all the world to read and understand. If The Perfectly Holy God

Who created our bodies and sexual apparatus and made us such

that our most powerful passion is sexual passion, sees sex as we

read about it in this book, then we must admit that this attitude is

the right attitude. God’s attitude toward sex is the perfect attitude

toward sex. If God brings sex out of the closet for all the world to

see, then we must resist every urge to stuff it back in there.

Nothing in all the Bible suggests to us that we should not talk

about sex with one another, even using the real words for all the

parts of the body. We have created euphemisms for sexual love and

sexual organs because we have a sense of shame and impropriety

about these things and just can’t bring ourselves to talk about them

without “covering” our language. Thus instead of saying penis we

say pecker, rod, dick, tool, etc. When we must refer to a woman’s

vulva, we say pussy, cunt, pet, door, etc. etc. If we refer to

masturbation we have to say things like spank the dog, beat the

meat, pump the handle, etc. Why? Since the Creator of all things

sexual does not show embarrassment about sex, why do we?

Our attitudes have not been derived from the Bible. We

assume the Bible avoids sex and treats it as basically dirty. The truth

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is that the Bible regards sex highly and counts it as one of the

greatest blessings humans can enjoy. If not for our jaundiced views

of sex and the human body we would be free to fully and openly

enjoy sex. If we were not ashamed of our bodies we would not feel

compelled to hide from the view of all others. All of our foolish

opinions about these issues come from church leaders who cannot

trust people to read their Bibles and draw correct impressions from

it about sexual matters. They have taken the practical position that

God did not sufficiently reveal to humans all the rules and

regulations we need in order to truly control sex. We believe we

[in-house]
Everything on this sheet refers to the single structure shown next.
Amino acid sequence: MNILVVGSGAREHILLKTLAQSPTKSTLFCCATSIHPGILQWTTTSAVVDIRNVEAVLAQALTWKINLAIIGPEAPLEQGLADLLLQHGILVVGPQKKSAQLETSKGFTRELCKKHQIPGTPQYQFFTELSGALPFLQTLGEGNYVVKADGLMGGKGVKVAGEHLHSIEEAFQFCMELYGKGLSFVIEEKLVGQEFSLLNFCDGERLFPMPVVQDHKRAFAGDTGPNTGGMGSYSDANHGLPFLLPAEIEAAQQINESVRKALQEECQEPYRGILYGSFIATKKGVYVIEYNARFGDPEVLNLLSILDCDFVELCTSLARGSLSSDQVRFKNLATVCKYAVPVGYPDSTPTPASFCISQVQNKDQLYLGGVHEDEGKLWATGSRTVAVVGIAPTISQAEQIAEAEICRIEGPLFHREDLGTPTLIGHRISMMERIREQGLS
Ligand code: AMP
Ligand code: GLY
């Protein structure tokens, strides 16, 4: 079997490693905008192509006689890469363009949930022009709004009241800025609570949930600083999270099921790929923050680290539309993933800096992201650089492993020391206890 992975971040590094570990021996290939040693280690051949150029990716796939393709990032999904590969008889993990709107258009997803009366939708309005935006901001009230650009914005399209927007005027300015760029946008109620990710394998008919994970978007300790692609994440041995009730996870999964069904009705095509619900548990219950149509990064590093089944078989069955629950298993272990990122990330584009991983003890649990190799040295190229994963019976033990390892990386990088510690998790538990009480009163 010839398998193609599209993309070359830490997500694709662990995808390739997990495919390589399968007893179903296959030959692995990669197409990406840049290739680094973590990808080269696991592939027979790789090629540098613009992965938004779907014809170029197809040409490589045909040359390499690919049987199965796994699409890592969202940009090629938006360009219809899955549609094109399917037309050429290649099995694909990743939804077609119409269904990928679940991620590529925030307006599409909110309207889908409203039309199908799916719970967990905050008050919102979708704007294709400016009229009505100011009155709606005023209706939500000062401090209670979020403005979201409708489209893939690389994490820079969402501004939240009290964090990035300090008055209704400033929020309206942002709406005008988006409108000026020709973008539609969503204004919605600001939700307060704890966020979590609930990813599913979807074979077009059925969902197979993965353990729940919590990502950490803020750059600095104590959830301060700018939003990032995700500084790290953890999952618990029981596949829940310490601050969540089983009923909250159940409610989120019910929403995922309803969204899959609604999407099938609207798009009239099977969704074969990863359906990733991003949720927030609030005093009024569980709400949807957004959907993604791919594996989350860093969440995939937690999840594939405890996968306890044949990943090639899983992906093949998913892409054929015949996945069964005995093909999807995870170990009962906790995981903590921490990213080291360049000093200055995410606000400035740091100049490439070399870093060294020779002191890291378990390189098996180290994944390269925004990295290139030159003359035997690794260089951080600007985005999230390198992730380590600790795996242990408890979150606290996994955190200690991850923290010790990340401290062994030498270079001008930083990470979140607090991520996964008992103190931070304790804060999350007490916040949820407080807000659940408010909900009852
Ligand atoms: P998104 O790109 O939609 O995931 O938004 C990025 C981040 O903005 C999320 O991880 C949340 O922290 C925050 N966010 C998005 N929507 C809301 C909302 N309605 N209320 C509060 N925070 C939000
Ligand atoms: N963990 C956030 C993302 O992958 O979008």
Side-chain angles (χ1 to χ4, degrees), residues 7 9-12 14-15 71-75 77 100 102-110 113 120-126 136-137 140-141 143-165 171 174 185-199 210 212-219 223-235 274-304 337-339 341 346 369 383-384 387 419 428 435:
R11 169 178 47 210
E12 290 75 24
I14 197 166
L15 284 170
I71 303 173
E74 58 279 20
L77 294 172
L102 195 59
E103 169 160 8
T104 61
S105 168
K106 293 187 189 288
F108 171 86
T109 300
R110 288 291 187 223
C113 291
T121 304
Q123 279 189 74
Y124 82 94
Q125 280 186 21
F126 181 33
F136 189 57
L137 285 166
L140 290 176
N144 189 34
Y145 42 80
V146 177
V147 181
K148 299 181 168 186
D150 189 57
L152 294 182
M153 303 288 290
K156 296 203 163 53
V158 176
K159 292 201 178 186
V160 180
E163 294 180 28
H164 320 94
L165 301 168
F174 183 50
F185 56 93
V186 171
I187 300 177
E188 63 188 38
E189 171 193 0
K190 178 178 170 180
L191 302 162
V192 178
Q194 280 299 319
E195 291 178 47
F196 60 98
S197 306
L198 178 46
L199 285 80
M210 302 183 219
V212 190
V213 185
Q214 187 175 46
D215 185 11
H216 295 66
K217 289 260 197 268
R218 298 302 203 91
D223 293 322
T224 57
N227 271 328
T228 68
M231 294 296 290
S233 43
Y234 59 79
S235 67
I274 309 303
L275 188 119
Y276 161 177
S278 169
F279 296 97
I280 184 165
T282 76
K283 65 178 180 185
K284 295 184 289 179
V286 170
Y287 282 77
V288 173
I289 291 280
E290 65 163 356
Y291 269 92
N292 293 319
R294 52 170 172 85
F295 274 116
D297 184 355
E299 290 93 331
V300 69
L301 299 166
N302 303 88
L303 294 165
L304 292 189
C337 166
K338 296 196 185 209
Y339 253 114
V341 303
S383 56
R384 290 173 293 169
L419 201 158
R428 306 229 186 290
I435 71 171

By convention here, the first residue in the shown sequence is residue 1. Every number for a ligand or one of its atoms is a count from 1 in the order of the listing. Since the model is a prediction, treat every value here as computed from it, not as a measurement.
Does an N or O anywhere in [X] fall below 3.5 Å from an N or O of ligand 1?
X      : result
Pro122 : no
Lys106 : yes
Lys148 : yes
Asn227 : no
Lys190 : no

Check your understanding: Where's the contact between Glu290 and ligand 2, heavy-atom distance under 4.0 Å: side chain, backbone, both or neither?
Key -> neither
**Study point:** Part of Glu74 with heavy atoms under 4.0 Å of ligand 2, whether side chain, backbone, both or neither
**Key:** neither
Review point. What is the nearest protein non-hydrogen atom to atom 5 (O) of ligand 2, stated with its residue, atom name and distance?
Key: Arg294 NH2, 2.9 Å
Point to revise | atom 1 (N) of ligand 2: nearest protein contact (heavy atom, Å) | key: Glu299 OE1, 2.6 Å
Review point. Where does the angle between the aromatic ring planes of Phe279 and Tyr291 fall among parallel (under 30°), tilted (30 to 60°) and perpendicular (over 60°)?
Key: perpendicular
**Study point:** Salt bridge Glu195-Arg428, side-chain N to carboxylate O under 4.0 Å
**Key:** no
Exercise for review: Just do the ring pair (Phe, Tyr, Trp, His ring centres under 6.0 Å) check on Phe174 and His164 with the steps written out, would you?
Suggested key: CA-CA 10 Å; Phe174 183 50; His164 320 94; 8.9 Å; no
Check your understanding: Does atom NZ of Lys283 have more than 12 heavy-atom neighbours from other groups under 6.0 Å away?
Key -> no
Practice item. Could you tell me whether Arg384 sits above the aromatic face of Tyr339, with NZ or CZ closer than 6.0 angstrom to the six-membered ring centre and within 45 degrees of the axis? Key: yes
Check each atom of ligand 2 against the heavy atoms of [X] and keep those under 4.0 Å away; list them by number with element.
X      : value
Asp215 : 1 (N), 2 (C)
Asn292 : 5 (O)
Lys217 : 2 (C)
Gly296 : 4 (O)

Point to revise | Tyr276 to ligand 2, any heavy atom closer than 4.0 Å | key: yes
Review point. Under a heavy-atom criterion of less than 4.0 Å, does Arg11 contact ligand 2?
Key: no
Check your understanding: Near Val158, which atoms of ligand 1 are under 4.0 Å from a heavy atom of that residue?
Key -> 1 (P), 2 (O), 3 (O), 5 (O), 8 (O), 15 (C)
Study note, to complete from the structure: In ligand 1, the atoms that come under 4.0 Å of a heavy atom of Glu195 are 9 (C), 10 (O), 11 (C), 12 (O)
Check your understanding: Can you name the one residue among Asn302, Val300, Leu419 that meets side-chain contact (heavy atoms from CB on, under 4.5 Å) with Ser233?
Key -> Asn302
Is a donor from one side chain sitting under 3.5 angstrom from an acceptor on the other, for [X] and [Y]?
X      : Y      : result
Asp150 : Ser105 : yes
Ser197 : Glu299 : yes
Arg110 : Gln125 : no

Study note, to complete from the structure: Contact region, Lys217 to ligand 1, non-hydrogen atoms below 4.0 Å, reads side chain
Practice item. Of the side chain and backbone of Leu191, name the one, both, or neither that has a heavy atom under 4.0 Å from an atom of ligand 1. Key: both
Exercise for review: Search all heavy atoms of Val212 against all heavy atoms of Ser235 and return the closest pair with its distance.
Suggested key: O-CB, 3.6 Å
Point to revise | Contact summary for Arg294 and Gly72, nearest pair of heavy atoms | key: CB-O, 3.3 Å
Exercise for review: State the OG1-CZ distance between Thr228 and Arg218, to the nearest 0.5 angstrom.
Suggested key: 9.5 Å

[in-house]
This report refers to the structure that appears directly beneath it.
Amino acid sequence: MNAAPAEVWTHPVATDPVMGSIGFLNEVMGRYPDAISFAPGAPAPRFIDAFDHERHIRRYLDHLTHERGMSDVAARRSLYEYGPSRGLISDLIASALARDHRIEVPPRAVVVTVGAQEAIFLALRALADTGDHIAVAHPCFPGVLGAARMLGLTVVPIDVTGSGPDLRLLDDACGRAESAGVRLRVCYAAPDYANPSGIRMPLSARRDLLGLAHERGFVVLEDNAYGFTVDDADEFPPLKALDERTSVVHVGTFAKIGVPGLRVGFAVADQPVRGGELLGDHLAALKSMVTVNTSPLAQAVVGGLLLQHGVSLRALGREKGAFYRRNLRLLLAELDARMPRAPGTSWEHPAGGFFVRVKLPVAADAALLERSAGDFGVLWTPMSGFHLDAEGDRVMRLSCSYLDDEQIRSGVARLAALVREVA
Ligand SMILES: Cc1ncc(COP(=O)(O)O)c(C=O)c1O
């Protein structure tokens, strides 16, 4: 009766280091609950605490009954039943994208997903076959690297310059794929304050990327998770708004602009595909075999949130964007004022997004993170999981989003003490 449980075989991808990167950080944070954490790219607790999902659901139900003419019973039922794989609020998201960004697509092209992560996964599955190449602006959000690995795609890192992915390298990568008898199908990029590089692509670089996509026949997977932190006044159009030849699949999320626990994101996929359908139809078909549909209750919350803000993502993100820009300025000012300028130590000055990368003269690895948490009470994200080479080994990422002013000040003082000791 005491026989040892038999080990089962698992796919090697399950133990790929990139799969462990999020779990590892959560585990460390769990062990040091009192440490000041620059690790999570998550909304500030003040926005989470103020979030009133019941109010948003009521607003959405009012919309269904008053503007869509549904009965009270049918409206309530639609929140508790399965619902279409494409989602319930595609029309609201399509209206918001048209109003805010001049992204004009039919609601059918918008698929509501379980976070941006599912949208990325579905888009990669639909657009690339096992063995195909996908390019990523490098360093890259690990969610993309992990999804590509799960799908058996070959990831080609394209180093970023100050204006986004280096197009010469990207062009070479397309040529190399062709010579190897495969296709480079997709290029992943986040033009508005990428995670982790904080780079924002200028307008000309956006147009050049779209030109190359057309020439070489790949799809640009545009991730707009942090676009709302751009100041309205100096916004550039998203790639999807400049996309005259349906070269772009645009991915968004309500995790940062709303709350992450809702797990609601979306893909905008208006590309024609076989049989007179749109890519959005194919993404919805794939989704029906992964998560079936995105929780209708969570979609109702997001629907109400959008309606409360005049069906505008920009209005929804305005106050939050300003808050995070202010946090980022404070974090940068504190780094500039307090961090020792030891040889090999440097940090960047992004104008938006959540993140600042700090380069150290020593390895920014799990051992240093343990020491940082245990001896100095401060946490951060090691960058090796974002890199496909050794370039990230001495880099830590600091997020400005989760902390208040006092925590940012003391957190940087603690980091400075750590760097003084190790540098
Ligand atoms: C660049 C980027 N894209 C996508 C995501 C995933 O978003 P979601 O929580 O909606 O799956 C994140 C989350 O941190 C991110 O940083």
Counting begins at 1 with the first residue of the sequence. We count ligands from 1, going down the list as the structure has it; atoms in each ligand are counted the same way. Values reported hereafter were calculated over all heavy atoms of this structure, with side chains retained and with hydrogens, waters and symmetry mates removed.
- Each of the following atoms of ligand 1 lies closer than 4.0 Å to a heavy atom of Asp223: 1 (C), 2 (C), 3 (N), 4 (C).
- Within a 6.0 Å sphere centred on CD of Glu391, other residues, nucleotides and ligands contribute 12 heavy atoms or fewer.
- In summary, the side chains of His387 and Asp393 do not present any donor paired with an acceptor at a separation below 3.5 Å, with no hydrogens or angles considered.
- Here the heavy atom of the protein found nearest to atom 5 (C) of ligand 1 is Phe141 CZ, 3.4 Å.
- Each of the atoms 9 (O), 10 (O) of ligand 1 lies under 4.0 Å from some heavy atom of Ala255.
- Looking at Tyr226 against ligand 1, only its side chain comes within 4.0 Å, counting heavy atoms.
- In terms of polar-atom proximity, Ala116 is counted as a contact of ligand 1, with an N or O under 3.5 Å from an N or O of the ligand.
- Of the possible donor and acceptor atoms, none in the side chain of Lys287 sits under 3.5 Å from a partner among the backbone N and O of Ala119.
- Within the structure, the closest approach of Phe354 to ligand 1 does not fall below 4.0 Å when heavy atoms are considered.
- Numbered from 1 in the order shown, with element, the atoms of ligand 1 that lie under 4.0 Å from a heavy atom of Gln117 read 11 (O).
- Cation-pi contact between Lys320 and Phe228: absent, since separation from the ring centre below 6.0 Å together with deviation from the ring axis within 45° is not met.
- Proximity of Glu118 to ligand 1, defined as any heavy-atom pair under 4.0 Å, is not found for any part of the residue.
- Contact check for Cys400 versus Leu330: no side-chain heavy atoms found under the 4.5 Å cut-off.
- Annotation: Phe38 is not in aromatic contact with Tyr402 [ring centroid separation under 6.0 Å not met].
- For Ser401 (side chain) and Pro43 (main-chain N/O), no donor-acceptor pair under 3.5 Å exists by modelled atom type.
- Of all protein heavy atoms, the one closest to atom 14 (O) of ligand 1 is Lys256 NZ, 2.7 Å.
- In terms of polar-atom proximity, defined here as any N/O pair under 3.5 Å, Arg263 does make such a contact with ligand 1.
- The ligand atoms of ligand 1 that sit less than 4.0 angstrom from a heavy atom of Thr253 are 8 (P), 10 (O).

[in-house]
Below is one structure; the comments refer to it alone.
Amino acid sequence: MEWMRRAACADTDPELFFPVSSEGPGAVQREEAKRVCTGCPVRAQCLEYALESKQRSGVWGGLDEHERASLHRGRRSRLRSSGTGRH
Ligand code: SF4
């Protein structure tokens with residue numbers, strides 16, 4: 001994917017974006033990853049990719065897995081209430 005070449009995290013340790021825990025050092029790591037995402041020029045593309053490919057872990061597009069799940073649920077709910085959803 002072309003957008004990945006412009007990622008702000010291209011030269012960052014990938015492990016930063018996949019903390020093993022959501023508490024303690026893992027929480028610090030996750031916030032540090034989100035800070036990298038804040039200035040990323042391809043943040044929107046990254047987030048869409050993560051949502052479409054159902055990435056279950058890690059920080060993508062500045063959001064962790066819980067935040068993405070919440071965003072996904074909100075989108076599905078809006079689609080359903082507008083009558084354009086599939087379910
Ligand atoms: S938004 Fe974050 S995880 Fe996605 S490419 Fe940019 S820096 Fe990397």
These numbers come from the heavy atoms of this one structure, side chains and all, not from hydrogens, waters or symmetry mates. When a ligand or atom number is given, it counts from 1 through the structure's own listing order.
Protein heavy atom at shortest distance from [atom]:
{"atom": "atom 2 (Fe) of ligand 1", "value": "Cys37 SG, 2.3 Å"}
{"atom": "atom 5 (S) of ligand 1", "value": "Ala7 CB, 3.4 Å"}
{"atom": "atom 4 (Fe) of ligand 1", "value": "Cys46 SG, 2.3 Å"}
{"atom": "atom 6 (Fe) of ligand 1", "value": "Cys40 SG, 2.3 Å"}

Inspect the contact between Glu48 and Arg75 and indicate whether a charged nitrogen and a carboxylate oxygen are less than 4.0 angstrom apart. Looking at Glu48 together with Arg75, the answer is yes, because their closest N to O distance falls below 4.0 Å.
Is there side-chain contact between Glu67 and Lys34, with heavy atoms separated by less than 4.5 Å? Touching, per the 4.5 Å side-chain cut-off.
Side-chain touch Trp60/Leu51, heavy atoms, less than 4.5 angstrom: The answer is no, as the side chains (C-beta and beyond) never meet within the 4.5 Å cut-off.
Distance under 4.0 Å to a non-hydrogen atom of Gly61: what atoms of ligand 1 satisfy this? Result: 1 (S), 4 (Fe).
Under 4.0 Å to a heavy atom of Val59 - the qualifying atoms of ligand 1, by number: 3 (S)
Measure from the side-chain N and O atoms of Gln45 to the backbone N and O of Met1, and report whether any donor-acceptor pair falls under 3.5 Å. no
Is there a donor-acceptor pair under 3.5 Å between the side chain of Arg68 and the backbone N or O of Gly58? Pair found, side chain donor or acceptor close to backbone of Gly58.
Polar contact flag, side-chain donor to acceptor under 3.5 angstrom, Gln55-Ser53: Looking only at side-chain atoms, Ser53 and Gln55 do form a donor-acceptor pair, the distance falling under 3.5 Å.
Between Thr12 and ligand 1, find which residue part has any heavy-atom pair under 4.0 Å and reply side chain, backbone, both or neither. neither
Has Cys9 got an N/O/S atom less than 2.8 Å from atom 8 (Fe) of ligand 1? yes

must be more sensitive and secretive about sex than God is. We

think we know better than to use the same “crude” language of sex

that God used here.

The modern church has tried its best to help God out since

apparently, in many minds, He did not do an adequate job of

defining decency. Modern religious people are offended at the

suggestion that God would actually inspire such a book as Song of

Solomon. Yet the fact remains that this book is part of the inspired,

eternal Word. Any suggestion that its language and sexual

references are crude, unacceptable for decent society, vulgar, etc, is

an accusation against God’s Personal Holiness, Purity and

Righteousness. On the other hand, if we can accept that this book is

inspired by God Himself and that its sexual content is not

shameful, unholy or in any other way foreign to God’s character,

then we are in a position to be able to understand God’s true

attitude toward sex. God made sex. God made sex enjoyable. God

made human bodies. God made them beautiful to look at. God also

created men and women such that we experience automatic sexual

reaction to the naked bodies of others. God sees this as good. And it

is all in harmony with His essentially Holy nature. There is no dirt

connected with sex or human nakedness. All dirt exists in human

minds.

We do not defend vulgarity or disregard for public morals. We

do however, defend Biblical morality, and the Biblical manner of

referring to and thinking about sex. Our deeply rooted, underlying

assumption that sex is basically dirty, is the reason we cannot see sex

as Scripture actually presents it. If we can get over this one hump

we are well on the way to developing a healthy, Biblical view of

sex. May that day hasten for as many individuals as are able to look

at God’s Word objectively and escape their sexual prisons.

 

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CHAPTER FIVE

 

ADULTERY

 

In sexual matters, adultery is probably the primary sin.

Adultery is without question sinful. No one who commits adultery

can expect to receive God’s blessing or forgiveness until repentance

has been rendered. We do not mean that adultery is any “worse”

than other sins. We simply mean that adultery is absolutely

condemned by God. No circumstances may bring adultery into the

“exception” area. However, when adulterers repent they receive

immediate mercy exactly like all other penitents.